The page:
Thursday, December 15, 2011

Forgive to live longer

“To forgive is to set a prisoner free and discover that the prisoner was you.” (Lewis B. Smedes)

Unforgiveness harms not the offender, but ourselves. It gives control of our lives to the person who has wronged us. Resentment builds a wall that hinders future progress and unforgiveness even negatively affects our physical health.

In a study published on 6/25/11, researchers at Harvard, Duke and Luther College reported analysis of multiple types of forgiveness as predictors of mortality and health mechanisms on longevity. A representative sample of 1,232 adults in the United States ages 66 and older were used to assess forgiveness and health. Statistically significant predictors of mortality risk were found to be unconditional forgiveness by God and conditional forgiveness for others. After controlling for other variables, only conditional forgiveness of others remained a significant predictor of mortality. Association between these conditions led to finding of a statistically significant indirect effect involving physical health. The results of these findings are that conditional forgiveness is associated with mortality risk across the board and this has a significant influence on one’s physical health. [1]

In this study, forgiveness was defined as a “freely made choice to give up revenge, resentment, or harsh judgments toward a person who caused a hurt, and to strive to respond with generosity, compassion, and kindness toward that person.” It is important to note that forgiveness is not seen as condoning, excusing, denying, minimizing, or forgetting the wrong. It can occur without reconciliation with the other party.

Researcher Loren Toussaint has been studying forgiveness for a number of years and, combining his own research with that of others, is convinced that mental and physical health are negatively affected by unforgiveness. When mentally rehearsing a past injustice committed against us, stress hormones are released, raising the heart rate and leading toward possible development of a variety of disorders from major depression to cardiovascular disease. Toussaint has determined that one’s conclusions regarding the perceived wrongs can become chronic stressors. [2]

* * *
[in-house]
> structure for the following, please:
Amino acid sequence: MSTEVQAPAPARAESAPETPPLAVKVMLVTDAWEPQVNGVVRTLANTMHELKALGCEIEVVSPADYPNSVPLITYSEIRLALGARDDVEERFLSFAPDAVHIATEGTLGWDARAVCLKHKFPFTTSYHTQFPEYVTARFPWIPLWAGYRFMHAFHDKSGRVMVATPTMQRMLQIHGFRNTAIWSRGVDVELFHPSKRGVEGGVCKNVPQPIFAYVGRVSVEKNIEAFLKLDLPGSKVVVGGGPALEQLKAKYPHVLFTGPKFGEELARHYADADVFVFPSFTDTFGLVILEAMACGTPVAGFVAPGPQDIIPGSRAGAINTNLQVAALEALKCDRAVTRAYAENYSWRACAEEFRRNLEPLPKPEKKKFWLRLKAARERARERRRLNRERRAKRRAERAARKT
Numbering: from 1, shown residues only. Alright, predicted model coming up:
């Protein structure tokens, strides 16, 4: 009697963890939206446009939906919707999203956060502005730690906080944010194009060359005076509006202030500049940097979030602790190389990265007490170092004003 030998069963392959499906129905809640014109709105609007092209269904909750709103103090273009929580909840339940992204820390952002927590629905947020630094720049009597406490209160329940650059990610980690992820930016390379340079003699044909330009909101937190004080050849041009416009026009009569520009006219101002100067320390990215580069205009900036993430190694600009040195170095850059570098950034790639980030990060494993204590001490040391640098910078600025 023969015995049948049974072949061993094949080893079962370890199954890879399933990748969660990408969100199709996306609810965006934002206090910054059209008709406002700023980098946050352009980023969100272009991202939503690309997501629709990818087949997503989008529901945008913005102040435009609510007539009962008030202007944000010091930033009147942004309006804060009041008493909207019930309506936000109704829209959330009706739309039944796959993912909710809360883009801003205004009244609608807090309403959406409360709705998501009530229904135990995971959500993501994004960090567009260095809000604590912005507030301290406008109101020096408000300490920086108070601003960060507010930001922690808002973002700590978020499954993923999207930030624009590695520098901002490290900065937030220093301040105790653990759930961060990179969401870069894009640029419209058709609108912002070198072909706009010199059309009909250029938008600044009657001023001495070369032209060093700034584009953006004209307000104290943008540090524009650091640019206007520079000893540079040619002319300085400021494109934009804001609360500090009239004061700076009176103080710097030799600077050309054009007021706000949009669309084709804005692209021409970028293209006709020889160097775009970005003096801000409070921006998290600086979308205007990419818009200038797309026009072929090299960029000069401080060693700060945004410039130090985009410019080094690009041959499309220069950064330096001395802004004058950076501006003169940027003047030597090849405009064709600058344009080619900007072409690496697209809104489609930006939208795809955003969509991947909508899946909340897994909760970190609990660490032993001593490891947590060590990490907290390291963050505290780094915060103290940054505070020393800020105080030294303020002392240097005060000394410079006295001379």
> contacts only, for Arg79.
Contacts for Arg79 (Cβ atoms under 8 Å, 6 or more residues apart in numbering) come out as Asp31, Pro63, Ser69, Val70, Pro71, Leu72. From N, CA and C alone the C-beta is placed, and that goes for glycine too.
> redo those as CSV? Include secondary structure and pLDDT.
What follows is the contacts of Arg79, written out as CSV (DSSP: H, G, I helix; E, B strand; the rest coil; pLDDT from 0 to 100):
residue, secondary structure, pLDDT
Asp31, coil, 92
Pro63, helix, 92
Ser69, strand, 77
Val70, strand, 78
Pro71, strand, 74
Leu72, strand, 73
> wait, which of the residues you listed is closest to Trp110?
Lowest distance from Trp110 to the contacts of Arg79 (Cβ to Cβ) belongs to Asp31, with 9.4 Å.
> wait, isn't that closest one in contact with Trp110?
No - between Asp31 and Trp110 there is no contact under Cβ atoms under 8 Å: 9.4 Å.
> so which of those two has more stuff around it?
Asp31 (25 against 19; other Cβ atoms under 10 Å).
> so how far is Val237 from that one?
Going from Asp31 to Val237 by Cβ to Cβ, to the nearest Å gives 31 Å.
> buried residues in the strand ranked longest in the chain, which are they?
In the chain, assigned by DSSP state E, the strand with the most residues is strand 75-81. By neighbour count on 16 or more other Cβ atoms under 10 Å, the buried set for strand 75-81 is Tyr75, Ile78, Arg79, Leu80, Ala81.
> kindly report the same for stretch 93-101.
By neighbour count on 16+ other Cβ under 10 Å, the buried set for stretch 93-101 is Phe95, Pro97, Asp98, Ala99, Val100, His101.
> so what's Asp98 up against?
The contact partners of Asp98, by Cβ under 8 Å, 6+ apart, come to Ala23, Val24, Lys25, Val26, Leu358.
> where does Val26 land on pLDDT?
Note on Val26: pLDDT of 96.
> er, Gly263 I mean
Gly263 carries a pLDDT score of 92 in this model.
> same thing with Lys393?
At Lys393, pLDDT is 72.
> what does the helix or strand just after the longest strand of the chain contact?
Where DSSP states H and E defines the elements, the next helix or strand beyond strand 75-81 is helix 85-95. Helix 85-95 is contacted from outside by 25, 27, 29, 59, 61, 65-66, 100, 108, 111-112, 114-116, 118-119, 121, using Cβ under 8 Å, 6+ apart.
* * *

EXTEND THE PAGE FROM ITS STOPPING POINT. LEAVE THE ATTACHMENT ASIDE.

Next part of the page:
Other studies have found similar conclusions. Researchers in New York studied data collected from a national survey of 1,629 participants that supported a hypothesized model connecting religiosity, forgiveness and health. Religiosity was found to be related to greater forgiveness, which, in turn, was associated with reduced hostility. Better subjective health was the result of reduced hostility. [3] Australian Psychology Professors Alfred Allan and Dianne McKillop have noted there is extensive evidence that traumatic events can lead to a prolonged hyperarousal and state of negative affect that are deleterious to health. Those who continue to feel aggrieved and refuse to forgive those they blame for the harm suffer the harmful health effects. However, the authors state there is evidence to show forgiveness, with expressions of responsibility and regret can improve recovery and health of patients following an adverse event. [4]

Justifiable resentment is a “cancer on the soul. The bitterness is within you, not in the person who hurt you. Your anger may give you the illusion of power, but it actually robs you of power, drains off your potential, and poisons all your relationships” notes Steven Arterburn. By carrying unforgiveness we “risk remaining behind a wall that will hold you in a bitter and wasted life focused on the past, rather than enjoying the present and moving into a brighter future”. [5]

Be kind to one another, tender-hearted, forgiving each other, just as God in Christ also has forgiven you. (Ephesians 4:32)

[1] Loren L. Toussaint, Amy D. Owen and Alyssa Cheadle, “Forgive to live: Forgiveness, Health and Longevity“, Journal of Behavioral Medicine, DOI: 10.1007/s10865-011-9362-4.
[2] Ryan Blitstein, “Forgive and Get Healty”,, posted 5 Oct 2009, accessed 11 Dec 2011,
[3] Laura J. Lutjen, Nava R. Silton and Kevin J. Flannelly, “Religion, Forgiveness, Hostility and Health: A Structural Equation Analysis”, Journal of Religion and Health, DOI: 10.1007/s10943-011-9511-7.
[4] Alfred Allan and Dianne McKillop, “The health implications of apologizing after an adverse event”, Int. Journal for Quality in Health Care, Volume 22, Issue 2, pp. 126-131.
[5] Steven Arterburn, Walking into Walls, (Brentwood, TN: Worthy Publishing, 2011), 54-55.